So you fly your way to Japan, trying to make it there in one piece. Then the end of the Flight segment connects to the start of the Attack segment—but you already know how to play that, don’t you?

When you’re comfortable with the Flight and Attack segments, the game takes you back one step earlier, to the Naval segment. This involves navigating treacherous waters with your task force until you bring your carrier far enough into the Pacific for your B-25s to take off. You guessed it—there’s a handy Naval segment player aid folder to guide you, so that you need not touch the rulebook.
And what happens once the aircraft take to the skies? The Naval segment blends seamlessly into the now-familiar Flight segment, which will culminate in the by-now-quite-comfortable Attack segment.

Finally, when you’ve paid your dues and then some, the game takes you back one last step, to the Planning segment. There you are tasked with making the most crucial decisions of the entire game, from negotiating with foreign powers (where do you want your planes to land once they’ve released their ordnance?) to making actual modifications on your aircraft (heavier and better equipped, or lighter but more vulnerable?), setting secrecy levels (provide more information to the troops, enhancing their readiness, but at the price of a heightened security risk…), organizing training, managing transportation, and so on. Again, a jewel of a player aid folder guides you through the entire process and makes sure you don’t forget a single rivet on those B-25s.
And then? You embark on the Naval segment, segue right into the Flight segment, follow up with the Attack segment—and top everything with a Denouement segment that evaluates your entire performance and provides an array of results that mesh together to form an enthralling narrative.

Congratulations! You’ve just played the campaign game, enjoyed one of the best rides of your wargaming life, and can’t wait to just experience it all over again.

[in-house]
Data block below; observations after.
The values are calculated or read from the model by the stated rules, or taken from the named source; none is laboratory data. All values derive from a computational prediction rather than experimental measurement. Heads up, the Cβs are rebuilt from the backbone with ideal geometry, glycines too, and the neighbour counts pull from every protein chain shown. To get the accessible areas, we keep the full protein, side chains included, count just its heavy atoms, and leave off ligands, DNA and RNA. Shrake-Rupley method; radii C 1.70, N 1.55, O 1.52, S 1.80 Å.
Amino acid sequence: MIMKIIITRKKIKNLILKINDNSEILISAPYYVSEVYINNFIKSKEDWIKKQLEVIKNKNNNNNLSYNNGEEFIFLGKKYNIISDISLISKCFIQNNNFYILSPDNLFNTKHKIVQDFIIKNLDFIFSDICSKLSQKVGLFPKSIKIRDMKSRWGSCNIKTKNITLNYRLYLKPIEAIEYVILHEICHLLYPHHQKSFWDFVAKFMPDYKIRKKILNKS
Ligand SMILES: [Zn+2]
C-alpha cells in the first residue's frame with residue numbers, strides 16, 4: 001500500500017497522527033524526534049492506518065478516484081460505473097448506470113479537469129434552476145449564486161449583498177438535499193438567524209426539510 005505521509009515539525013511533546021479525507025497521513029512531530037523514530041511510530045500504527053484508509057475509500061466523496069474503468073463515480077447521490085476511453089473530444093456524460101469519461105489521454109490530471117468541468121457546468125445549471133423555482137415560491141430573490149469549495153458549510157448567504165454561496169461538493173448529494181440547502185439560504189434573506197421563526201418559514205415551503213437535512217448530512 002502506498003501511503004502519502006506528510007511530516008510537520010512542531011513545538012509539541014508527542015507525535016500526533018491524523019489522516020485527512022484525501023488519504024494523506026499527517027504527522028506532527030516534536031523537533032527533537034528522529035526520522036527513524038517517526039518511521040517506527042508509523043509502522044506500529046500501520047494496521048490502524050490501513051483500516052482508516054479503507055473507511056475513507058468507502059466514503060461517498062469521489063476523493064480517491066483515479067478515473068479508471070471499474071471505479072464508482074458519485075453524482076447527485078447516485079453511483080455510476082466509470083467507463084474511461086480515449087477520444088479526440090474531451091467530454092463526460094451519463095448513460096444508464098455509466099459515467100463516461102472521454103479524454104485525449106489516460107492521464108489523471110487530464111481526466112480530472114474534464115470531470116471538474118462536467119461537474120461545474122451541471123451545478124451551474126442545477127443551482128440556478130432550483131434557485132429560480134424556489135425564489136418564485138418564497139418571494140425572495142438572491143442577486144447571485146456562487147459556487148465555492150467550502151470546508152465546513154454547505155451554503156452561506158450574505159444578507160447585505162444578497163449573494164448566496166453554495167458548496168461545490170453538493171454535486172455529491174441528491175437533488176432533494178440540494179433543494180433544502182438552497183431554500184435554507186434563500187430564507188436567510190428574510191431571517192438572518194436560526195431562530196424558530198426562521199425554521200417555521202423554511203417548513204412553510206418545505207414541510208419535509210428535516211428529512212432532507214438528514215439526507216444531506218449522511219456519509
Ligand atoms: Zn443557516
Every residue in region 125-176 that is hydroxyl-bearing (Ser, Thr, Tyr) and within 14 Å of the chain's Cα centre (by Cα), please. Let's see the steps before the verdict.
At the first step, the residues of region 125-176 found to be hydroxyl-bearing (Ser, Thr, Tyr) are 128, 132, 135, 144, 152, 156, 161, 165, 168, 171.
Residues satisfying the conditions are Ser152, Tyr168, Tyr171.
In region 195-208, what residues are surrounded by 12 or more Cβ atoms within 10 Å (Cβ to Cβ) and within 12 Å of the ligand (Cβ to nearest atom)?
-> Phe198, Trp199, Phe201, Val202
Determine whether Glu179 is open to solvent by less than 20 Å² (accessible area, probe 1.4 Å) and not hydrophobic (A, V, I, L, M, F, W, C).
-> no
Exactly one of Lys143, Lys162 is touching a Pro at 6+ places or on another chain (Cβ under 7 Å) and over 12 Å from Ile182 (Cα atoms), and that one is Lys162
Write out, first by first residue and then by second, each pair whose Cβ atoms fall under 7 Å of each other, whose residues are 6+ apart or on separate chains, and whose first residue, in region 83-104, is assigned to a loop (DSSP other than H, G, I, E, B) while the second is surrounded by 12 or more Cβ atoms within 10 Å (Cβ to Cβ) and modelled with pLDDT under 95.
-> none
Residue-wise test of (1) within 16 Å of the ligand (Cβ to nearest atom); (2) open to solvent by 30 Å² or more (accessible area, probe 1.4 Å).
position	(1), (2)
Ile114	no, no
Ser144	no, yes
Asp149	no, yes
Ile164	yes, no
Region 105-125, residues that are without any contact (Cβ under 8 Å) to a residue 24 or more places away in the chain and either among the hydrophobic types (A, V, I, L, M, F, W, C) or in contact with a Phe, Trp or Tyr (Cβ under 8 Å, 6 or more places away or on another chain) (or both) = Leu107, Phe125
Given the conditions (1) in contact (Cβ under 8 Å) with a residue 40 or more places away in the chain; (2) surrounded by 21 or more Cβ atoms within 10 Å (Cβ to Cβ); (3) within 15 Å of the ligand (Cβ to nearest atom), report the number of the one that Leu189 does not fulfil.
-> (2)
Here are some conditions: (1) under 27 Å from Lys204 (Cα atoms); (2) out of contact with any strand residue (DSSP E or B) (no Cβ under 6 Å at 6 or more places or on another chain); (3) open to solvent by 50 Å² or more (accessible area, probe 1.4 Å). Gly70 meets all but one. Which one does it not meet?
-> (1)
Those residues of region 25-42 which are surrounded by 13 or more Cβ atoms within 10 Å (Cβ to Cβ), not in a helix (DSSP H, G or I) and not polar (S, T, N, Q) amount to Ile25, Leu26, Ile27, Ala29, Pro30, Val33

Now, while the Attack segment might appear as if its provides few decision points, the more you step back, the more you come to understand how each of your selections blooms into consequences you’ll have to deal with later on. By the time you reach the Planning segment and can envision the entire breadth of the campaign, it becomes absolutely clear (if somehow you still had doubts) that you’re not spending time on some half-baked, harebrained contraption.


With a box almost too small to hold all of its gaming goodness, The Doolittle Raid hides behind a cool cover—courtesy of the US Navy Department of Defense!

So you’re armed with a 64-page rulebook (which you don’t have to read, it bears repeating), a 40-page scenario book, a 20-page debriefing manual, and enough player aids to cover a fair-sized table. If you still have some surface left, deploy the immense map sheet and plug whatever hole might remain with the three smaller attack maps.

Errata here was kept to a minimum, and while I ran into a few nomenclature woes (for instance, page 44 calls “Reaction Value” what the map labels “Anti-Sub Value”), there’s really nothing to prevent you from accomplishing your mission.

Oh, and don’t forget your opaque containers: you’ll need ten of them to house the multitude of chits you’ll need to pull as your aircraft make their long, dangerous way to Japan. (To be fair, you’re not expected to use all of them at once, although I did have to resort to seven simultaneous mugs on more than one occasion.)

The components are the usual GMT high quality, and all illustrations (including the main map!) are provided by the designer himself. Talk about a one-man army.

Five six-sided dice round out the package. Will you need them all? Yes. Ooooh yes.
Have fun running out of fuel over Tokyo.


Three quarters of a century after the fact, most people know about the infamous air attack on Japan that brought World War II to an end. But there was another raid on Tokyo, earlier in the war, which did not leave quite the same mark on the public’s psyche. It was the Doolittle Raid.

And now it’s your turn to make it all the way to the Empire of the Sun—and survive to tell the tale.

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1 comment:

  1. Francis,
    Thanks for this great review and kudos on using the word "grok", how many are scratching their heads over that �� I actually have a multi part question for you:
    How long does it take to play a complete game, start to finish? Can a complete game be played in one sitting? Does total playing time remain fairly constant over multiple playings or does it vary according to circumstance?

    Thank You in advance!
    Patrick L.